about the author

Staff Book Reviewer Spencer Dew is the author of the novel Here Is How It Happens (Ampersand Books, 2013), the short story collection Songs of Insurgency (Vagabond Press, 2008), the chapbook Mont-Saint-Michel and Chartres (Another New Calligraphy, 2010), and the critical study Learning for Revolution: The Work of Kathy Acker (San Diego State University Press, 2011). His Web site is spencerdew.com.

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Lillian Boxfish Takes a Walk
A Review of Lillian Boxfish Takes a Walk
by Kathleen Rooney

Spencer Dew

What is the city to the self who lives—really lives, eyes open, on the streets—within it? More than a thinking device, more than a frame of subjectivity or an optics, an ethics, it becomes a kind of horizon, a referent and limit at once visible yet always out of the reach of articulation. Which sure doesn’t mean that those open-eyed city-folk don’t talk about it, going on and on about its serendipitous juxtapositions, those moments that are uncanny with some sense of a transcendence, as if beneath the sidewalk there really were some plan, some knowledge.

Studies of cities spring up—less academic than amateur detective in genre—those possessed by such experiences scribblings notes, scotch-taping together portfolios, cabinets of curiosity on the page: Lunch Poems or Paris Peasant, Harlem Is Nowhere or Open City.

Rooney, here, uses the story—the fantastic one, thanks to archival research—of Margaret Fishback, city-person and poet, plus the “highest-paid female advertising copywriter in the world during the 1930s, thanks to her brilliant work for R.H. Macy’s,” as raw material for a book about flânerie, a stance as much of a practice, not just walking in cities but being open to encounter, a receptivity to that which the city seems so insistently to be saying.

Lillian Boxfish, Rooney’s fictional creation, has “always cultivated a magpie mind” and uses city walks to facilitate “sideways” thinking, specifically for the purposes of composing verse and advertisements, allowing the city to help her collage together images and ideas, to innovate and see anew. In this book, she wanders both across the city and through her past, reflecting on her career, her love life, on the mechanics and joys of advertising, while experiencing the city not only as a palimpsest of that past but also always a series of new encounters. Sitting briefly with strangers, fellow New Yorkers, she is struck by how “our stories emphasize the serendipitous, even the magical. Our tone is that of conspirators, as though we are afraid to be overheard speaking fondly of a city that conventional wisdom declares beyond hope. “My long walks, I discover, have provided a rich reserve of encounters with odd, enthusiastic, decent people; I hadn’t realized that I have these stories until someone asked to hear them.” The book, of course, is one such story, or an anthology of them, arranged around a central plot.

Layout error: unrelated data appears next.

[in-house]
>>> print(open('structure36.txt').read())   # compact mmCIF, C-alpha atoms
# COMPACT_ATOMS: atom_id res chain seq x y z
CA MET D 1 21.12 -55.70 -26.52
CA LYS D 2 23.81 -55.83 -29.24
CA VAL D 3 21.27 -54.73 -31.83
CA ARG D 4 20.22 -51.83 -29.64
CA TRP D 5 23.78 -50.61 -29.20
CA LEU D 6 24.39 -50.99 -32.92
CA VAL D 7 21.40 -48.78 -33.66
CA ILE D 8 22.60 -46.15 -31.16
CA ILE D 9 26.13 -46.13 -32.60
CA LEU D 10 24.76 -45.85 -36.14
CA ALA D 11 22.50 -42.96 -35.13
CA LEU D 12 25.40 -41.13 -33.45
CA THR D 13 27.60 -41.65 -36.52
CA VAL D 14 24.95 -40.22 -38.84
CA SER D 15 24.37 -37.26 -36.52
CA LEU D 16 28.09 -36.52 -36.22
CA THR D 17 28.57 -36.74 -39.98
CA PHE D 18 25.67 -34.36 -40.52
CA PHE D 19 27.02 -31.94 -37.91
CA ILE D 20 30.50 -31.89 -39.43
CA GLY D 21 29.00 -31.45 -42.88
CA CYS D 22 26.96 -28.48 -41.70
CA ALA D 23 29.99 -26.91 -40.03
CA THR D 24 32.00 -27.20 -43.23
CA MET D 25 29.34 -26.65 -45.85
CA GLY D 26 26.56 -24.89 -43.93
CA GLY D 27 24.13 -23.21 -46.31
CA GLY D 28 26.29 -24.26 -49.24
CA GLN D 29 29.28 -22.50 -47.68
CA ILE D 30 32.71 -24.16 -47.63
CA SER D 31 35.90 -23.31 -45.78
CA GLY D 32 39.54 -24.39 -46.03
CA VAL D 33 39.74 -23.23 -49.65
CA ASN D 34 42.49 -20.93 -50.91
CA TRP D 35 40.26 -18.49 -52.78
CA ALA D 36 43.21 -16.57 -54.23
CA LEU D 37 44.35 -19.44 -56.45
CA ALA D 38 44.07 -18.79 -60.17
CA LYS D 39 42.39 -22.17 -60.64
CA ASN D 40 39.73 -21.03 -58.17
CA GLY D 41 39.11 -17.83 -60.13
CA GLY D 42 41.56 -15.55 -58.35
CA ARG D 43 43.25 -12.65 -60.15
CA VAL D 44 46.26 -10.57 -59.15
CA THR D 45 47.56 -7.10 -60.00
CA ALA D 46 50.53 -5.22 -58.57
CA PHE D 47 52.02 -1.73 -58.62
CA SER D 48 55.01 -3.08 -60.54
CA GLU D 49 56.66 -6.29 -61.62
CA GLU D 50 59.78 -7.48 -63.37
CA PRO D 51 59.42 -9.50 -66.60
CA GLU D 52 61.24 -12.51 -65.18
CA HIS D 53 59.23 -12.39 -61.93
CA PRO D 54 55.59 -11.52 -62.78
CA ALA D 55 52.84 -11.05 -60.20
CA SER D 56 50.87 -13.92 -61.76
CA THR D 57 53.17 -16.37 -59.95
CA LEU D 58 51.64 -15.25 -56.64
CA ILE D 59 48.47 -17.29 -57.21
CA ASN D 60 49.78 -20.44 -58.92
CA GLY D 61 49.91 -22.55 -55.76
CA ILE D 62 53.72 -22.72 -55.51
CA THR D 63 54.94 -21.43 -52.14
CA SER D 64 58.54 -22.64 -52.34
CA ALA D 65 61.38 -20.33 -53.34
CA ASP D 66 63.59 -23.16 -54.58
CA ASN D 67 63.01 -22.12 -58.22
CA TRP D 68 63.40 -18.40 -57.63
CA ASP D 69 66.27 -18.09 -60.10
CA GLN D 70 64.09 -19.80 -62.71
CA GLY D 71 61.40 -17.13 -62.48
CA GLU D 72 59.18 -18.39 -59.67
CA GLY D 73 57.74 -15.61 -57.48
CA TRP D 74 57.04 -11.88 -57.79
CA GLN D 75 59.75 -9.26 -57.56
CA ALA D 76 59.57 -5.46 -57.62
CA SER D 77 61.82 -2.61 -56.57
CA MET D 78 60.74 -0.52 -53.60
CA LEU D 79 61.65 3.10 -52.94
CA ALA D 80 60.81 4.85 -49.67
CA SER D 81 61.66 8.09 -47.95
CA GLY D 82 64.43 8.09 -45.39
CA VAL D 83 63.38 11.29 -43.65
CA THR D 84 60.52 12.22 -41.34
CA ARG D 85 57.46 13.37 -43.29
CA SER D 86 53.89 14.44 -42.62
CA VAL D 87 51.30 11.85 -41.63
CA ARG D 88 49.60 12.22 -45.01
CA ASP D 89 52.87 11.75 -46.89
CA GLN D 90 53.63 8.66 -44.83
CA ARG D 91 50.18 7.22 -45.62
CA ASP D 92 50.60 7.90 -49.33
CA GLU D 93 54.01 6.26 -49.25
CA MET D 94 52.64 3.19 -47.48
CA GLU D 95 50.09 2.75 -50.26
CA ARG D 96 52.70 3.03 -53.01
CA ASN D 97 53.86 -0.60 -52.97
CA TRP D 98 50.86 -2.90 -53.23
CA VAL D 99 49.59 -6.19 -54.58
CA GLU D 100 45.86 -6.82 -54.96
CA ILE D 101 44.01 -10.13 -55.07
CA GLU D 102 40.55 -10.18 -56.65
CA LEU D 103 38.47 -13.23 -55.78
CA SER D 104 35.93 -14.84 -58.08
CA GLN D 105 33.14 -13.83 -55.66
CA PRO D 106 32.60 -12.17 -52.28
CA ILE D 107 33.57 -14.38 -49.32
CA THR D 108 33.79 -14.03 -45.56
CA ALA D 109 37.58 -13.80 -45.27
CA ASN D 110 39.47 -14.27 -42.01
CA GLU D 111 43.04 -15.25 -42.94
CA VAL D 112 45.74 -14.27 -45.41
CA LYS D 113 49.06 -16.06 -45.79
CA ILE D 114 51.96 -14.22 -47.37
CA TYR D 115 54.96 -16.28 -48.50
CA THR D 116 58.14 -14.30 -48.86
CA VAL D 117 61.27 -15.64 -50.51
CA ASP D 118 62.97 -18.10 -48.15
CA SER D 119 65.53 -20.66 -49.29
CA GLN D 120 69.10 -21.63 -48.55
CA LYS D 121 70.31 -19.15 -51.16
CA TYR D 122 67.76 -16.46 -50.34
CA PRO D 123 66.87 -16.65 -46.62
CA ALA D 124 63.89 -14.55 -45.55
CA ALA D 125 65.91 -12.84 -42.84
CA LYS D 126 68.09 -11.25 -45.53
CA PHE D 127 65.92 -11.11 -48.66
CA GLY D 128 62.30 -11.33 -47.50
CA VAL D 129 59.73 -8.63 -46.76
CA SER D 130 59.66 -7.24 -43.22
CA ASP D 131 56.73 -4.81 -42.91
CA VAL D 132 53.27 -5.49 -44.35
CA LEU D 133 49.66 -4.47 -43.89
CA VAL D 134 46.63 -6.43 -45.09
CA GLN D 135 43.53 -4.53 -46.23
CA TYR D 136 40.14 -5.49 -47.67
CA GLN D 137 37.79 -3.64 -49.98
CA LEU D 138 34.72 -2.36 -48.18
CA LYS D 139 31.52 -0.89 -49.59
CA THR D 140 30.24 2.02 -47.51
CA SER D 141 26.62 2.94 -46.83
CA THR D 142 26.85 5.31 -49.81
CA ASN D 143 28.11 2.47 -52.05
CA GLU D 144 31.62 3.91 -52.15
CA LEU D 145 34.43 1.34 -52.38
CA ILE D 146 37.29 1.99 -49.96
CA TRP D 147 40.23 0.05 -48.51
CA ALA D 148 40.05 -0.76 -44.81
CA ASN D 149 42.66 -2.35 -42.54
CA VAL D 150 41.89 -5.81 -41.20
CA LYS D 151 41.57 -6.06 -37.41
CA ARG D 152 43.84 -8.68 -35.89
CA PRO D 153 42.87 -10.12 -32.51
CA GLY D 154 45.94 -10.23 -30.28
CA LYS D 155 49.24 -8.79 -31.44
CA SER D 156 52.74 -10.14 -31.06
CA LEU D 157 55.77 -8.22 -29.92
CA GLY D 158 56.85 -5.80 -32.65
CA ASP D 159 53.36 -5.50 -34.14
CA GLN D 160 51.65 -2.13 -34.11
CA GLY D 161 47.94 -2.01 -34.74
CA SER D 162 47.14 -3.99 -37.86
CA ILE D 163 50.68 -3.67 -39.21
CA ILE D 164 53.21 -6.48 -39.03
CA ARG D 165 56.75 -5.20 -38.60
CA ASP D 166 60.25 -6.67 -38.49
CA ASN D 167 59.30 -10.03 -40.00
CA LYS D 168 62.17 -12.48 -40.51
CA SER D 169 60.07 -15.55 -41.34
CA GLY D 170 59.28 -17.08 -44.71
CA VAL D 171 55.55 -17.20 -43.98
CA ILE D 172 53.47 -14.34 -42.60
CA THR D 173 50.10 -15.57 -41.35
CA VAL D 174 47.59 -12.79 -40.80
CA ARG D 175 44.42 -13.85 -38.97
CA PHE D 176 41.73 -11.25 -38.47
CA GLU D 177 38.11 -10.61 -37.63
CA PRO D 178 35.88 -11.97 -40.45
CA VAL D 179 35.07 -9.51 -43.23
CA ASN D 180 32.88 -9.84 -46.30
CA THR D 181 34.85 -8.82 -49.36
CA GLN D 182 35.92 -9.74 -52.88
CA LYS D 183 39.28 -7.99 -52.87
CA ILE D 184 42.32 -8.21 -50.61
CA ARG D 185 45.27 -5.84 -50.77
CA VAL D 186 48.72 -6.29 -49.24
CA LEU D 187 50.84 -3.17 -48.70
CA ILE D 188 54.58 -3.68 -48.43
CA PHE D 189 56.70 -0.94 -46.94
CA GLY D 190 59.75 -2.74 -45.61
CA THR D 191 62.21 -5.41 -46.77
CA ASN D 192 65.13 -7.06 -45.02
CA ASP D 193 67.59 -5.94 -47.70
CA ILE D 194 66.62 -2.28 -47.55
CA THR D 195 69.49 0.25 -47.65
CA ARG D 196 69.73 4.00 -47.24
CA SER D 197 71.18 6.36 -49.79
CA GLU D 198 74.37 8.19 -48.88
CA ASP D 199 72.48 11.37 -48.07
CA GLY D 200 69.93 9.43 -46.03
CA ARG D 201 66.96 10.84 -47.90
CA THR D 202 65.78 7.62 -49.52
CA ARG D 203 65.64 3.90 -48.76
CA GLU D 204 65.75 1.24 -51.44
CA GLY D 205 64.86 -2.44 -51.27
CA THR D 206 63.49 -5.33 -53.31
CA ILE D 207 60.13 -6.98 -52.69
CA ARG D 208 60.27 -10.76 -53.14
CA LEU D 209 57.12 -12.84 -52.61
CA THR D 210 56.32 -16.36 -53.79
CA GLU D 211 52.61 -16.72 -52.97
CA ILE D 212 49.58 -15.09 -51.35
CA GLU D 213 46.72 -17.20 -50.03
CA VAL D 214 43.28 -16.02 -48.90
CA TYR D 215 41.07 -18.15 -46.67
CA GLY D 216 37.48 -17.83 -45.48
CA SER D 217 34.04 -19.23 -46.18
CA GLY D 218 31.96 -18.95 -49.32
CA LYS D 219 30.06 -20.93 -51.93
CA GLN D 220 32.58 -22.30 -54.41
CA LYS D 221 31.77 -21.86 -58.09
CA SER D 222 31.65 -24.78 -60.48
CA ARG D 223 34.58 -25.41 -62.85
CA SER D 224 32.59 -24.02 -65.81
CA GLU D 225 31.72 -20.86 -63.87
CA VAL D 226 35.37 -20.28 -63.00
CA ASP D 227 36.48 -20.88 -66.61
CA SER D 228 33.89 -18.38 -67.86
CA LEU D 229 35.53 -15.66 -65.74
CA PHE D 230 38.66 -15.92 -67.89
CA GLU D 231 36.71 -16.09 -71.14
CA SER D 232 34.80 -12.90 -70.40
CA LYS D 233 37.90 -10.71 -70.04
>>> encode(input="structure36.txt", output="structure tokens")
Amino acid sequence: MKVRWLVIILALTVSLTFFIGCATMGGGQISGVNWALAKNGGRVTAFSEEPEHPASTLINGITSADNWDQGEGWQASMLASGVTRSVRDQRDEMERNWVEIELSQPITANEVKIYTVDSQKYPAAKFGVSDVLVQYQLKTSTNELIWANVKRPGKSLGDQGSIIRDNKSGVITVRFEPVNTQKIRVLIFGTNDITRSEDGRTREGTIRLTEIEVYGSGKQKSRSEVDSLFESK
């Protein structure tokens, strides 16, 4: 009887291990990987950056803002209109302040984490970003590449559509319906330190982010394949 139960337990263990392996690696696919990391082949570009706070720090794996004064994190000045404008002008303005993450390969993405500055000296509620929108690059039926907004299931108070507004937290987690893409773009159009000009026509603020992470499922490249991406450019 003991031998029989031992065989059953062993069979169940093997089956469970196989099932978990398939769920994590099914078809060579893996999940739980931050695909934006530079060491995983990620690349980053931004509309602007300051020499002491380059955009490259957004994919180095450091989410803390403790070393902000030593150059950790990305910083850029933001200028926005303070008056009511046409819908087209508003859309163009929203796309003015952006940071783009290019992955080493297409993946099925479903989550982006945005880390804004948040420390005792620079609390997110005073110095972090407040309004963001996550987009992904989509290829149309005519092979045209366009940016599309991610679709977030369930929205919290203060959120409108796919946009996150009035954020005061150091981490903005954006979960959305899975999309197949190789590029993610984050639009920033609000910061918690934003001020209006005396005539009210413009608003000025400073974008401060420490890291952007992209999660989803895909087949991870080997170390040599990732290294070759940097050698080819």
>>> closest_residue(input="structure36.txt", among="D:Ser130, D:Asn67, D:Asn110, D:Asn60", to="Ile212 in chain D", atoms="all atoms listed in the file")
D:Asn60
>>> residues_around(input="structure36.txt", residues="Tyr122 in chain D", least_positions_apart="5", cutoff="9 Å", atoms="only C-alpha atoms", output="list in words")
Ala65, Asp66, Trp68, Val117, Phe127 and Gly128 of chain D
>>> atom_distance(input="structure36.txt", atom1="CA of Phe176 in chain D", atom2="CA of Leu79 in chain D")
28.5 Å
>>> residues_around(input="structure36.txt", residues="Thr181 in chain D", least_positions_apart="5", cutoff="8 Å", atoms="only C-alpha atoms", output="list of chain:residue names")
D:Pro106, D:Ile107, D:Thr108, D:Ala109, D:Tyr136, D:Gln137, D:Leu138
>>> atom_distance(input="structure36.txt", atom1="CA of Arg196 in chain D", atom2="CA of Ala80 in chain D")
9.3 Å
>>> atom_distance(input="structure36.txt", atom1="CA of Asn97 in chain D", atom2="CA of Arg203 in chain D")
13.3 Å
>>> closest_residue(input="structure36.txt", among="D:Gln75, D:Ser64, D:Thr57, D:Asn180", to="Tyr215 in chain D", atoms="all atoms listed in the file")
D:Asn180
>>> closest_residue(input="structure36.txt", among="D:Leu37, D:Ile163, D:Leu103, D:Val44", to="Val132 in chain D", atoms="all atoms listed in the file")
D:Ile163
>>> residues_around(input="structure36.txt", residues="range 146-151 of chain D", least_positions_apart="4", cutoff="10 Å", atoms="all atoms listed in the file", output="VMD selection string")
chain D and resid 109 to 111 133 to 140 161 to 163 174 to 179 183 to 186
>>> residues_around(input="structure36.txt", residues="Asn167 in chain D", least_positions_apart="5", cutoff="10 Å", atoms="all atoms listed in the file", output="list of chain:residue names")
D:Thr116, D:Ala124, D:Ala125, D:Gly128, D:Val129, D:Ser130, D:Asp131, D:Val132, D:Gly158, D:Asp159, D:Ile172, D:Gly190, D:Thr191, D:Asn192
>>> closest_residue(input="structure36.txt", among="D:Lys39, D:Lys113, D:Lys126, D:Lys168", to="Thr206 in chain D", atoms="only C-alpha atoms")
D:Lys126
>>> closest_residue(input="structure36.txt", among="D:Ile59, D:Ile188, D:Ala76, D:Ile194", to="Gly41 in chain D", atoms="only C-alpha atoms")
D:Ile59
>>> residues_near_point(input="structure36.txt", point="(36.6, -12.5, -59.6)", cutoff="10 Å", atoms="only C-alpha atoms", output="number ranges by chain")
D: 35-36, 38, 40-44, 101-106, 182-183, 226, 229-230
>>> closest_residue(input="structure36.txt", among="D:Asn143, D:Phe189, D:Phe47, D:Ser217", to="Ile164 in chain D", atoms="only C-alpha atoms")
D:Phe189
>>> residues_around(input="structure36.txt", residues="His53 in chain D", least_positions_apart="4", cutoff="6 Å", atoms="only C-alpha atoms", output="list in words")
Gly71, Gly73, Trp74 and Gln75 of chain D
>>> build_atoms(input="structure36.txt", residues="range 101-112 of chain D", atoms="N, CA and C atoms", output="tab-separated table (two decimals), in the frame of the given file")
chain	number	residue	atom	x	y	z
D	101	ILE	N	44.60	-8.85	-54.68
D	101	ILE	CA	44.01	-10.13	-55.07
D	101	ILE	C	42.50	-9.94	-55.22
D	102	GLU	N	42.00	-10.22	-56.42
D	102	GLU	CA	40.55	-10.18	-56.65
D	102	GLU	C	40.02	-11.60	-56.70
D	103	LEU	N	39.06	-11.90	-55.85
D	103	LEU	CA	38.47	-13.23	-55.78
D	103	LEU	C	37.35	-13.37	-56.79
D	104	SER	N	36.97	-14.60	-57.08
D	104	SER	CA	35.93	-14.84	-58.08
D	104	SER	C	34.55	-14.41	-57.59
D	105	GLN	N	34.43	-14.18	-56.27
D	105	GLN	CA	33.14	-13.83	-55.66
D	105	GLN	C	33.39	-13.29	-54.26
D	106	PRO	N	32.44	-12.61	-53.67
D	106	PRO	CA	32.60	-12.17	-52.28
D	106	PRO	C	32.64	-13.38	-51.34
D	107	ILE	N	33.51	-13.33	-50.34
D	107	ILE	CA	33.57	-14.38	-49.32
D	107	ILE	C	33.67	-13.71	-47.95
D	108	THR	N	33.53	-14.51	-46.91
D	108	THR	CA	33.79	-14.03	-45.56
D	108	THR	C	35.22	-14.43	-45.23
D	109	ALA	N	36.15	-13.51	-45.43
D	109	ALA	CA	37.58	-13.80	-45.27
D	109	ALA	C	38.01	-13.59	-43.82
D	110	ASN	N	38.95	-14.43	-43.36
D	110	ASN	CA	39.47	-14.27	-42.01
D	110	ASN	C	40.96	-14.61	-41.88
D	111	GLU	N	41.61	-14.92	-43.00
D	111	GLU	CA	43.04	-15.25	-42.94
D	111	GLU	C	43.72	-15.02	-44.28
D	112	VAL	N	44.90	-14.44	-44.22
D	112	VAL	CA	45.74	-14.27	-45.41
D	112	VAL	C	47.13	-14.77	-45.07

While Boxfish is quick to say that her “long walk” is not “an accidental mock-heroic,” I am not sure what name exists (if one does) for the particular mode that this walk and its chronicling represents. Eschewing the “heroic” mode of the lone actor on a quest characterized by conflict and exertion of selfhood, the flânerie novel traces the transformation of an individual who drifts along, encountering, through the city and others, herself. Rather than a model wherein the self achieves victory, taking the treasure, defeating the dragon, Rooney gives us a narrative in which the self gets gift after gift from her attitude of engagement with the city. At times, there is an almost mystical connection of self to city. Which is not to say that there are not risks, real dangers, but that even these are subverted by the approach that is flânerie.

The “heroic” mode, viewing life as a battle, undergirds the condescension of those suburbanites who insist that those who approach city-living as something more than a phase or a misfortune will eventually wise-up and recognize their folly. But Rooney here shows that this quickness to categorize the flâneuse as naïve is itself another attitude toward the world. We can look at the world like a suburbanite, becoming a suburbanite, or we can look at the world like a flâneuse, and, in so doing, we face ourselves in a way that the suburbanite (and this is a kind of shorthand, of course) blinds herself to herself.

To borrow a metaphor from Boxfish, the city—in flânerie, in that practice, that posture, that, perhaps, faith—functions as a kind of mirror. Through being in the city we come to see ourselves, are “forced to reckon with yourself as a thing that takes up space in the world, that others can see and react to, that has a story with a beginning, middle, and end that intersects with other people’s stories.” Does that make the self something other than a hero? Freed from the myth of egotistical heroism, one recognizes oneself as a character. Flânerie decenters the self, yet presents such decentering as a profound gift. At the end of this impressive text, Boxfish isn’t merely in or of the street, she is “street” in the sense of that ingenious adjective. If flânerie offers a study of cities, it is always a study of relation—between past and present, between dreams and realities, between human beings living in a human world, neither monsters nor heroes, villains nor saints, but something still more spectacular and surprising.

Official Kathleen Rooney Web Site
Official St. Martin’s Press Web Site

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